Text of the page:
So, I started asking around for help. As luck would have it, one of my former coworkers Don came by the office this past week for a visit, and I chatted him up about it.  He did some quick addition on my whiteboard, and he gave me one crucial piece of advice: buy a multimeter.

So, on Friday, I grabbed a $35 multimeter from RadioShack. On Saturday, I took apart the other LED light and started testing voltages.  I tested at the two terminals on the battery pack. The multimeter read 4.77V. I tested where the two leads connected to the circuit board with the LEDs and switch. 4.75V.  Ok, good, I’ve got numbers to compare with.  I then tested the circuit I had soldered together at the battery pack. 4.75V.  Ok, that’s good. Then I tested at the circuit board? -4.75V. … … wait. NEGATIVE 4.75V?

A little voice in my head said, “They don’t call them Light Emitting Diodes for nothing, Pack.”

So I de-soldered where I’d connected the wires to the circuit board and re-connected them with the proper polarity.  VOILA!  It worked!

Emboldened by my success (and spurred by the fact that my ham-handed soldering had damaged one of the switches so it was no longer a push-on, push-off switch but appeared to now only function as a momentary (push on, release off) switch), I trotted off to RadioShack and grabbed two larger switches and a little plastic project case to house them in.

Another hour in my in-laws basement, and I was done!

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The switches are close enough together you can turn both lights on at the same time, but you can also choose to light up either light individually.  Now all we have to do is mount these in Dragon’s eyes and figure out where the best place to place the switches.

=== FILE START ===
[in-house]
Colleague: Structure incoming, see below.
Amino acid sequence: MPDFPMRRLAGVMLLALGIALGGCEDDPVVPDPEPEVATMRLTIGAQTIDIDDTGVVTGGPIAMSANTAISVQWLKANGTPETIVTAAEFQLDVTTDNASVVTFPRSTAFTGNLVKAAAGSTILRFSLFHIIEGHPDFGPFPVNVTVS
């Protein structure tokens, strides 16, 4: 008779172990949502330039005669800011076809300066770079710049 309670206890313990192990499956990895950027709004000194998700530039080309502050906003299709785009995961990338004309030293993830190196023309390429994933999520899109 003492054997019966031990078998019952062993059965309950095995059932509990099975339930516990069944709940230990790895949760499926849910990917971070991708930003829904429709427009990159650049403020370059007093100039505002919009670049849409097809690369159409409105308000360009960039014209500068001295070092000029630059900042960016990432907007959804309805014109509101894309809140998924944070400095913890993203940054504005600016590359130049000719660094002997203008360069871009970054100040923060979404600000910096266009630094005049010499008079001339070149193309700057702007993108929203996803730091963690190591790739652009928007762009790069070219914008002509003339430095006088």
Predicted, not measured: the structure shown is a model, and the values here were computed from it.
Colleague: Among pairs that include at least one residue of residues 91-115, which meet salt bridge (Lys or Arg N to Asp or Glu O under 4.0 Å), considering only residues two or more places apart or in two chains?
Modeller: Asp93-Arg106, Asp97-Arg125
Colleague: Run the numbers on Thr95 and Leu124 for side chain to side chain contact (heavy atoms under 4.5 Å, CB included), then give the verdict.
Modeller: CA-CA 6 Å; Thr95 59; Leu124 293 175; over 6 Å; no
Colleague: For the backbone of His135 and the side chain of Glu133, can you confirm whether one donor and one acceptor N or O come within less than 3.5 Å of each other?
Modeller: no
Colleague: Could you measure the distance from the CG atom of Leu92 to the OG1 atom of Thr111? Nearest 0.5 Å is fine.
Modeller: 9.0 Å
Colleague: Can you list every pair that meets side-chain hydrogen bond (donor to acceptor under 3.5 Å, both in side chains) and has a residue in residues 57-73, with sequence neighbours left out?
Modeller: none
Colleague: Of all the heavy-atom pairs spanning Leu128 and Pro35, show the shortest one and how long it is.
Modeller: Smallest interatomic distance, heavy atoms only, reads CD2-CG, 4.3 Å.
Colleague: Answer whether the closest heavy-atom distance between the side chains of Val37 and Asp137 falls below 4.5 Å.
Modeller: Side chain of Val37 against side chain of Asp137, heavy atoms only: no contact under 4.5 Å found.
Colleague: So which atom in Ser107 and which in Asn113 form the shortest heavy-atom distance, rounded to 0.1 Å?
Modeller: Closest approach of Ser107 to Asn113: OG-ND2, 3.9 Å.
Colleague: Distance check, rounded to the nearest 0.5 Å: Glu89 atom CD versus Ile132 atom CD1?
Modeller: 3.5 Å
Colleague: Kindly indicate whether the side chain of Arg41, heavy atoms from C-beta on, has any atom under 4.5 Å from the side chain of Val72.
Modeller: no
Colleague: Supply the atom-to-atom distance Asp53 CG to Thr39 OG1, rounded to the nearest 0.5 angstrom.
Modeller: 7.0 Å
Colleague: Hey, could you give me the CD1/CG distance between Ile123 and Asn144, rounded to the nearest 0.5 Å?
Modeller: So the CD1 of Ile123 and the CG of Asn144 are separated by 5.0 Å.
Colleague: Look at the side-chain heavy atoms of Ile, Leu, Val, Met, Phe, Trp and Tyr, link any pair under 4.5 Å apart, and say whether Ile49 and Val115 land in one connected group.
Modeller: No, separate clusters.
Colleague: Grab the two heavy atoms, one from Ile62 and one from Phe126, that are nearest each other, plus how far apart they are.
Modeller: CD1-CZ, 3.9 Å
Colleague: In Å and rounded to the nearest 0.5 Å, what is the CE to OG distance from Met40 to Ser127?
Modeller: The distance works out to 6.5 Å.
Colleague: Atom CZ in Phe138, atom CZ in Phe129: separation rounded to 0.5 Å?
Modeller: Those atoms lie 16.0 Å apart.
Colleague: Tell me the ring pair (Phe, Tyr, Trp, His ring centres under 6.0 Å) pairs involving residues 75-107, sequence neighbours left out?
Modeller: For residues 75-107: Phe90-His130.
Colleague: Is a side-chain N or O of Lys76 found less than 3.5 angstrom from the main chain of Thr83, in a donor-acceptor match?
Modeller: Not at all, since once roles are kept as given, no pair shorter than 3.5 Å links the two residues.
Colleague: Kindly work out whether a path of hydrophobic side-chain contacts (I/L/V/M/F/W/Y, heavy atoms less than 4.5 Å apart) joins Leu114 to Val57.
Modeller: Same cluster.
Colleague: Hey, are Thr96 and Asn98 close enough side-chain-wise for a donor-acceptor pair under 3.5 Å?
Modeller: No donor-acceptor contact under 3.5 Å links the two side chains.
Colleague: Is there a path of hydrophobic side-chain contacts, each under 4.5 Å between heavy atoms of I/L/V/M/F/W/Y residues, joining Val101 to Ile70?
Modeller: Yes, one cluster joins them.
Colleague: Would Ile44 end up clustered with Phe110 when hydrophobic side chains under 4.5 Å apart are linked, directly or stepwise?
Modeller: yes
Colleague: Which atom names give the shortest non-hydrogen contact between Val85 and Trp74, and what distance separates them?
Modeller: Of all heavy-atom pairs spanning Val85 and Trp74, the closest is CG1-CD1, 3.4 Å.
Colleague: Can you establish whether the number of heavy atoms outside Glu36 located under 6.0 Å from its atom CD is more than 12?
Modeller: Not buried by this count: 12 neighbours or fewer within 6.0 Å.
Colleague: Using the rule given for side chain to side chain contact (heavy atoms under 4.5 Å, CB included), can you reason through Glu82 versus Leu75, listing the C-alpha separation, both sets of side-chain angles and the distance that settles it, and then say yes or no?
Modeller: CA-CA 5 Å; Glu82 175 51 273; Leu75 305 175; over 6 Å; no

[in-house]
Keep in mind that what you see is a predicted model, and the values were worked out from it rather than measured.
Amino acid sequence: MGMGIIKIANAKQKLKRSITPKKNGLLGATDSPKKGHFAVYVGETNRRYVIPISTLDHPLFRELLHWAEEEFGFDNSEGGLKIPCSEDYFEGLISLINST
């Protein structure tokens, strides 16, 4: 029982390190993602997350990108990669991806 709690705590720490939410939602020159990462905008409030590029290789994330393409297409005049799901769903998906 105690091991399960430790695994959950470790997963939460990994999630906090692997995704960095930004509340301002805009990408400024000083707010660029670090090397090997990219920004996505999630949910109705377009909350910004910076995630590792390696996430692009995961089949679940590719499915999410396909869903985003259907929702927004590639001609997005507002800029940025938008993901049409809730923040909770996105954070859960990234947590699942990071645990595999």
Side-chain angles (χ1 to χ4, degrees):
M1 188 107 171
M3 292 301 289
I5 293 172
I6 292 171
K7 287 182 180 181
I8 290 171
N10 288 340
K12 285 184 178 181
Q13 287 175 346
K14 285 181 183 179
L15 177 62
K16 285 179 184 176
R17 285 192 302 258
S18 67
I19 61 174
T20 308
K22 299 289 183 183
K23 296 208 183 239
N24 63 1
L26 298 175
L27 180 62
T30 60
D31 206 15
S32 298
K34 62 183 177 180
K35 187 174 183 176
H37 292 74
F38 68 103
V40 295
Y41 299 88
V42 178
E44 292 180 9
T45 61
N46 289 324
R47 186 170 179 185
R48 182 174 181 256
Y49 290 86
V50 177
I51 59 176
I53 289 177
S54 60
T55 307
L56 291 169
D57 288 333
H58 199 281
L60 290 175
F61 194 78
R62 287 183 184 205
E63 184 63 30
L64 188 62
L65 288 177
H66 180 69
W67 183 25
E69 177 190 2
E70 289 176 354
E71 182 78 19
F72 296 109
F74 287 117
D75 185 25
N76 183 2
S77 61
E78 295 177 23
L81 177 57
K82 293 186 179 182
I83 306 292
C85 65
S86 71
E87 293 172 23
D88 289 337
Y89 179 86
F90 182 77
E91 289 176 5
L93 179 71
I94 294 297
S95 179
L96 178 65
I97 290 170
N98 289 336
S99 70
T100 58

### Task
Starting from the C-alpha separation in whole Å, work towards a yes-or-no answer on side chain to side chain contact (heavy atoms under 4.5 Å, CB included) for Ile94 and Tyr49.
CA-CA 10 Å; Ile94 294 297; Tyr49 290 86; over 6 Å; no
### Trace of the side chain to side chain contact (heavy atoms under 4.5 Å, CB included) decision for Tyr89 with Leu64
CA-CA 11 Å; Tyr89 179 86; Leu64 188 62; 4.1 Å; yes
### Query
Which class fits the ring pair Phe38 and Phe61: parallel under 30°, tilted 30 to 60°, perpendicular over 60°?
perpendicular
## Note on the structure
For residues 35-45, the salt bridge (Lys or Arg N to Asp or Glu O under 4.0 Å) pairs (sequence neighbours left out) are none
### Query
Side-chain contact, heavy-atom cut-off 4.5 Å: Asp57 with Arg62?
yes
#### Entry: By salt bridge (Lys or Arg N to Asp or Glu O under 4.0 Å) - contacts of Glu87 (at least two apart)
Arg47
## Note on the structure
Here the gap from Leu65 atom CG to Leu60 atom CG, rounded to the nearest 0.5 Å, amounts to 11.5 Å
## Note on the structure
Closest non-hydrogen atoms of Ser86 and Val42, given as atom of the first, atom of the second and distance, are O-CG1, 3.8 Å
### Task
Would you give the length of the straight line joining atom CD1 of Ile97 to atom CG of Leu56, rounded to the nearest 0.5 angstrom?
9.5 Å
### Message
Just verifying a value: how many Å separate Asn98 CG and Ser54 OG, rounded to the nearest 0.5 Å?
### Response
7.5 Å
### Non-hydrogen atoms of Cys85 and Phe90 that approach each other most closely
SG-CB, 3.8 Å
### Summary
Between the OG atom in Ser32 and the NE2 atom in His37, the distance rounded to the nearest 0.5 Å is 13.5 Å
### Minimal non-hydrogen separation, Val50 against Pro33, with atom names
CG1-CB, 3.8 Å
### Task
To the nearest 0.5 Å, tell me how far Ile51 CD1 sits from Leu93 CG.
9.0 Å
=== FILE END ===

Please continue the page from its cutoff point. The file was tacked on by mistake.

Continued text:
I’m embarrassed this took so long…

I got home from work yesterday, and I discovered that my Hackintosh had rebooted itself and was sitting there with a black screen showing nothing but a forlorn cursor blinking at me.  Oh, dear, I thought, something’s gone wonky.

Something usually does go wonky with my hackintosh; it’s nowhere near as stable as the other computers I use (it’s nowhere near as stable as the Mac laptops I own), but I keep using it because… well, it’s an adventure. I mean, if I need something that’s going to work all the time, I have my old 17″ Powerbook (bought new in 2005) and my newer 13″ Macbook (purchased used in 2010).  But I wanted to have a desktop again, and I wanted it to have some oomph. So, last June, I got myself an ASUS P7P55D-E Pro motherboard, an Intel Core i7-870 Lynnfield 2.93GHz CPU, a GeForce 9500 GT graphics card, 8GB of RAM, a 2TB hard drive, and Crucial M4 64GB SSD.  I followed all the instructions on the tonymacx86 blog, and I was up and running.